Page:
Case Study

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Case Study

Table of Content




Network Address Translation5

Application Impact6

Network Intrusion Detection System6

Visualization and Clustering7

TCP SYN-Flood Attack7

Flow-based Packet Selection8

Intrusion Prevention System9

Distributed and Demand-driven Intrusion Prevention10

Security Service Deployment Strategies and Simulation10

Future Work11



Case Study


The goal of a voice communication system is to pass on the voices of the participant within some predetermined measurements of quality. The quality of the system is not only determined by the quality of the voice but also by how long the transmission time is in order for interactive communication to take place. This chapter we will survey the way that quality of service (QoS) is guaranteed in a VoIP implementation. The chapter is divided in to three sections; quality discussion, key issues and measurements for QoS.

When implementing a VoIP system decisions about what speech quality this new network will be capable of delivering are made. The quality can hardly be noticeably worse than the PSTN network, or the users will have a hard time adapting to the new system. Assuming the application is the use of VoIP hardware without quality defects of the next important area to start worrying is the same wide area network, ie the data pipe that will carry voice packets across. A congested WAN consisting of burst packet loss, latency, and jitter all work to degrade the quality of VoIP calls. Different VoIP implementations suffer differently from these effects; however these effects all contribute to lower quality calls in some sense. All kinds of loss in quality due to slow/unpredictable IP traffic patterns can be compensated by an increase in bandwidth [1]. Although this approach often brings extra costs and there may be an imminent risk that the cost for the VoIP solution is higher than the conventional, circuit-switched PSTN calls.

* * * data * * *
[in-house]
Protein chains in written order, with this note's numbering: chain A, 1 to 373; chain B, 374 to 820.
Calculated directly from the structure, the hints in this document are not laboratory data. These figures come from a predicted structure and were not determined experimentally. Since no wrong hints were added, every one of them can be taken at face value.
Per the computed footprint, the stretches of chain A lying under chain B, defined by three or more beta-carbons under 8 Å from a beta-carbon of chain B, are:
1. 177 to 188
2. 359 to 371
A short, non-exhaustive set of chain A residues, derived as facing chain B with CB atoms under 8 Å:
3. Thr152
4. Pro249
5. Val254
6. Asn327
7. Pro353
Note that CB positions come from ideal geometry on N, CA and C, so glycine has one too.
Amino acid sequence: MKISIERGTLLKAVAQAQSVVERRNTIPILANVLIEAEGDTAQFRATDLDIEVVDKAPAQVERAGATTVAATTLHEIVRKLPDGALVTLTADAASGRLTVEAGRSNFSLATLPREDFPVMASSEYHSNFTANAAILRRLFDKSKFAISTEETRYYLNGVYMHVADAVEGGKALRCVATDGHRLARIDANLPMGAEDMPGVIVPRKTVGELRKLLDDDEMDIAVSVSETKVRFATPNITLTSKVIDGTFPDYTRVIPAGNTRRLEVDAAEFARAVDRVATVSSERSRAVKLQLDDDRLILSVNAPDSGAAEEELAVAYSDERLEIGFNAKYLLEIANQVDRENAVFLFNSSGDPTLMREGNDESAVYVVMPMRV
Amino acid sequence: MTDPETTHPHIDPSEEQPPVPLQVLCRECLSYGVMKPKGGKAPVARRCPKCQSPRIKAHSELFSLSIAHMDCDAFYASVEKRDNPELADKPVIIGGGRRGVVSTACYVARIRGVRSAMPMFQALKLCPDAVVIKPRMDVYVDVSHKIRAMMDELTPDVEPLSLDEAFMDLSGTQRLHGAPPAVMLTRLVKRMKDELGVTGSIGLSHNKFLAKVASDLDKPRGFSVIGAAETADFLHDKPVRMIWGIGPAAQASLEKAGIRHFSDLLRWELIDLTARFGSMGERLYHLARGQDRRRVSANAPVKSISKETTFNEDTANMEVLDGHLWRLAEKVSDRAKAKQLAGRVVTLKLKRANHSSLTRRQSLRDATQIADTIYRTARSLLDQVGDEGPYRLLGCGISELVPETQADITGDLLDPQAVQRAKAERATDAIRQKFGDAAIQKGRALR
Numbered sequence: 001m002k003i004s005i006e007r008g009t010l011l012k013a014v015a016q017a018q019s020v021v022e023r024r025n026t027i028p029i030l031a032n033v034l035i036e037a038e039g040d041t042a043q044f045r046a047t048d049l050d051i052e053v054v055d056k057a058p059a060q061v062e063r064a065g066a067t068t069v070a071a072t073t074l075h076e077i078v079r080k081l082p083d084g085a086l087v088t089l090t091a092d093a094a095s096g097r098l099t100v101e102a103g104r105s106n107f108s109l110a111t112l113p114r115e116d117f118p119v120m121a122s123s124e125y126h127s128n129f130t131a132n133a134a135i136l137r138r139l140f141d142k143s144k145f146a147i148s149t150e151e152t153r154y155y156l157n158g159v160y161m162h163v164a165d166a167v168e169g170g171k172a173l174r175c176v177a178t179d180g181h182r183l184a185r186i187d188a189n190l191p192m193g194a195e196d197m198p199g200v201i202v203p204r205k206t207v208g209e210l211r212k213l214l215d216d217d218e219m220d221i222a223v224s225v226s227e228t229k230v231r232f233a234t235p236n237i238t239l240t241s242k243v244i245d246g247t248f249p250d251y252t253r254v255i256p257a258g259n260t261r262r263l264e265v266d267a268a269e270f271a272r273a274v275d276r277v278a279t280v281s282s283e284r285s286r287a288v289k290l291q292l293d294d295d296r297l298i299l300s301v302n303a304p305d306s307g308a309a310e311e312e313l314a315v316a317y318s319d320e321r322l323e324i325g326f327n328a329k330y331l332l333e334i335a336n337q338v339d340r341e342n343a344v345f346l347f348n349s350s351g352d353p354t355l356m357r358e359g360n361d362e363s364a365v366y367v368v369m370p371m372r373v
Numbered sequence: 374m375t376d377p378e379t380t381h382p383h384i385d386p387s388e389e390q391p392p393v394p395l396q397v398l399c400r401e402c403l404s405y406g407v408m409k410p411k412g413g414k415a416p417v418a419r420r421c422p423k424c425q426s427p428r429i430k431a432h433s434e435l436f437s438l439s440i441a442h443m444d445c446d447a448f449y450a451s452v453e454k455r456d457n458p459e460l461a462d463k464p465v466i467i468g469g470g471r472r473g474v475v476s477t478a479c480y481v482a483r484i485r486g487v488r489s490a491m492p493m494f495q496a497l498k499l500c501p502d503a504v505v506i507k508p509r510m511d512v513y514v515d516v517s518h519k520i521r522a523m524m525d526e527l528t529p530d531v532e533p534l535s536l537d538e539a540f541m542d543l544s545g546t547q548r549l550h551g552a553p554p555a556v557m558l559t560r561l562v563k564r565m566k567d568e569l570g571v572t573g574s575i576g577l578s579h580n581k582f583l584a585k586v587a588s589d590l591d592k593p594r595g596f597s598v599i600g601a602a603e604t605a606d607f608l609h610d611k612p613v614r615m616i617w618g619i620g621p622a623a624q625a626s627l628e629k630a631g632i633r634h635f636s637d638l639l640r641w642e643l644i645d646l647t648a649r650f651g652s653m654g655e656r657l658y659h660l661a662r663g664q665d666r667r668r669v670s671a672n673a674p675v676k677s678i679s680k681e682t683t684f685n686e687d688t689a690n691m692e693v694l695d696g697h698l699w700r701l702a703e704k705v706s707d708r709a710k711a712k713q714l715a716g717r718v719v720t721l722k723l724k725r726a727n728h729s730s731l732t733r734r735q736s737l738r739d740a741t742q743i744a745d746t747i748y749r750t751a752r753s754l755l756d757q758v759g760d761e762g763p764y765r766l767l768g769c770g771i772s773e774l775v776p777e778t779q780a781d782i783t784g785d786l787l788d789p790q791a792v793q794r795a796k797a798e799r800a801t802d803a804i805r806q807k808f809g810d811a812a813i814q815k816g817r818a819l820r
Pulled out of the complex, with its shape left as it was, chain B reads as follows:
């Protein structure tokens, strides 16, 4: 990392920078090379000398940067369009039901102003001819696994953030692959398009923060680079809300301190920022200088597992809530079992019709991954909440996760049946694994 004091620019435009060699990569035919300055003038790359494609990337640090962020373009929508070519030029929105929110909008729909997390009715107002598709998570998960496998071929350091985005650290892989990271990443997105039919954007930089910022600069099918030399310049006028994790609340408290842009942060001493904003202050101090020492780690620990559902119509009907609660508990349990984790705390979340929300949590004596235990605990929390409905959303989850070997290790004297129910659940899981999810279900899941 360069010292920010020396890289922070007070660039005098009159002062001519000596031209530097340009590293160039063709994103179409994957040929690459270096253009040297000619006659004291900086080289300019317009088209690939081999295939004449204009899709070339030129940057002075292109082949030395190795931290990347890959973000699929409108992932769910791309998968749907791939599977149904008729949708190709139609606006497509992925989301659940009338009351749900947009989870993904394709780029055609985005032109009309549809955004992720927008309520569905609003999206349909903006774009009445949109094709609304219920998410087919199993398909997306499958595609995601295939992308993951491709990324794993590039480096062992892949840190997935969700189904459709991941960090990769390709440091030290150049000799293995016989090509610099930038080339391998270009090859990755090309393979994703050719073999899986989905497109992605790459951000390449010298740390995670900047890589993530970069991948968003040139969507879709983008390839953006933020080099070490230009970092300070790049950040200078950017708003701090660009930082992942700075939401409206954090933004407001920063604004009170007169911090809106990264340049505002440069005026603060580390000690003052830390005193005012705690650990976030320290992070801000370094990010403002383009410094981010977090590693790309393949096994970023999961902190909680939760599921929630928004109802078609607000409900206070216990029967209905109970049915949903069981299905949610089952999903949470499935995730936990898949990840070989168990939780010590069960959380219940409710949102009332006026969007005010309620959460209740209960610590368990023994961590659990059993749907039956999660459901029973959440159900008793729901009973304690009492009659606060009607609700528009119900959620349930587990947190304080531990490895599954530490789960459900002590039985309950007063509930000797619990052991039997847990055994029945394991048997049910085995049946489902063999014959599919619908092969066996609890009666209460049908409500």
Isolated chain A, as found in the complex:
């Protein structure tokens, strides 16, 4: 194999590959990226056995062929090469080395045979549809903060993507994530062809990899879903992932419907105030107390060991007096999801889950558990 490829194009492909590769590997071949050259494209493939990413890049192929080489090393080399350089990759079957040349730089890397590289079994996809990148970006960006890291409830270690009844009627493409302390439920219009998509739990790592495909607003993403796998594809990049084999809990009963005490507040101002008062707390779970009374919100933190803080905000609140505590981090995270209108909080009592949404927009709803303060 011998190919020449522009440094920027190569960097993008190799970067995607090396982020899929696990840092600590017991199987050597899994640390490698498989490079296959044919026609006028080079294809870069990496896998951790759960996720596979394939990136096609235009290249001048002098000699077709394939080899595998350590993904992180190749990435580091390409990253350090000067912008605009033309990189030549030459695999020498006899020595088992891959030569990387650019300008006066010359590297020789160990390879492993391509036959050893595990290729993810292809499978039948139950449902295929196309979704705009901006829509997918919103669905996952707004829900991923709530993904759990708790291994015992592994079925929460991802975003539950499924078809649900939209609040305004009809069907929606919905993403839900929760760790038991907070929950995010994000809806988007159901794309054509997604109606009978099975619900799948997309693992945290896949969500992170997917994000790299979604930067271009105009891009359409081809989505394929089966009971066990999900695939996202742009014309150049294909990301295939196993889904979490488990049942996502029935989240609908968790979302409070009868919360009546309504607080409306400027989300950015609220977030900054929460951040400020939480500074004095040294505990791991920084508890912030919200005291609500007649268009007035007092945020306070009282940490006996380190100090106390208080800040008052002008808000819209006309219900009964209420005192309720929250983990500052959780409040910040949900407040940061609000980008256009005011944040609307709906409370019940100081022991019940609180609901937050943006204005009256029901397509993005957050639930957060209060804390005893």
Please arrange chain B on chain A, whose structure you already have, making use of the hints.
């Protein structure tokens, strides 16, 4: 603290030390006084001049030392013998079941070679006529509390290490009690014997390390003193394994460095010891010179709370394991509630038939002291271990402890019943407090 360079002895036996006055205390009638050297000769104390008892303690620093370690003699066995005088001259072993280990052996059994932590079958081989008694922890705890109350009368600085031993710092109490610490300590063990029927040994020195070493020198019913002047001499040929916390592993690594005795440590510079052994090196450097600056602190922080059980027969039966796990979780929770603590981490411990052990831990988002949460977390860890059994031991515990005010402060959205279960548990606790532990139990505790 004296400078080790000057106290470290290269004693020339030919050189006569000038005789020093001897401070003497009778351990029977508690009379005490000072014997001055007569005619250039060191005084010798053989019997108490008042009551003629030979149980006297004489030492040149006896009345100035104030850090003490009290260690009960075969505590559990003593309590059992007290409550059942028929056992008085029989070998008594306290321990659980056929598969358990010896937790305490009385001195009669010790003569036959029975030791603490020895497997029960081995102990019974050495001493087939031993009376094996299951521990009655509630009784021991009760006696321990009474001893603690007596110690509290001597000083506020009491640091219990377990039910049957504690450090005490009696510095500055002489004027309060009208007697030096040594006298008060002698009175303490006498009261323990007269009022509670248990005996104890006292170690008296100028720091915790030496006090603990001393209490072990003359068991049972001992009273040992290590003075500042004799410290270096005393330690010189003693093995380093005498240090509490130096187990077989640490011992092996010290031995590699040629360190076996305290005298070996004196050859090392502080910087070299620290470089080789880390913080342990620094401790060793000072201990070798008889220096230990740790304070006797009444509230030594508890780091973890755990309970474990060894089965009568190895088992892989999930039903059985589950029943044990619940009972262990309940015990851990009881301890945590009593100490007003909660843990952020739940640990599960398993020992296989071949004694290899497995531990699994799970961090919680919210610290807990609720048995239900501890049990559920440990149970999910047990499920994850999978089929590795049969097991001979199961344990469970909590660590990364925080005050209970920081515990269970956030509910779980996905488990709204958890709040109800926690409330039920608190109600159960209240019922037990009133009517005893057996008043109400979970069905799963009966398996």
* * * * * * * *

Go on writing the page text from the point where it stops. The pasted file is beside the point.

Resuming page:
Most manufacturers of VoIP solutions generally assume a generally high level of QoS, and basing the settings and performance requirements in the system as a static entry. Though, IP QoS often varies with time-of-day traffic patterns and sometimes takes major hits during very unpredictable data traffic events. On congested IP networks routers will discard packets if their packet inflow exceeds their outflow for a given data route, leading to a big loss of packets when the network gets too busy. If there were some way to measure when things were starting to degrade, VoIP networks could attempt to dynamically improve the quality of current and subsequent calls. Very few VoIP products today have a way of dynamically monitoring QoS, let alone intelligently adapting to changing real-world QoS conditions.

The QoS issues specifically interesting with regards to VoIP are all part of general QoS issues in packet networks. The way that the issues are significant may be a bit different though since the metrics for quality in interactive communication are different from general data traffic. This section will list and describe the key issues concerning VoIP QoS. Different versions of packet delay cause problems. One is echo, which is caused by the signal reflections of the speaker's voice from the far-end telephone equipment ...
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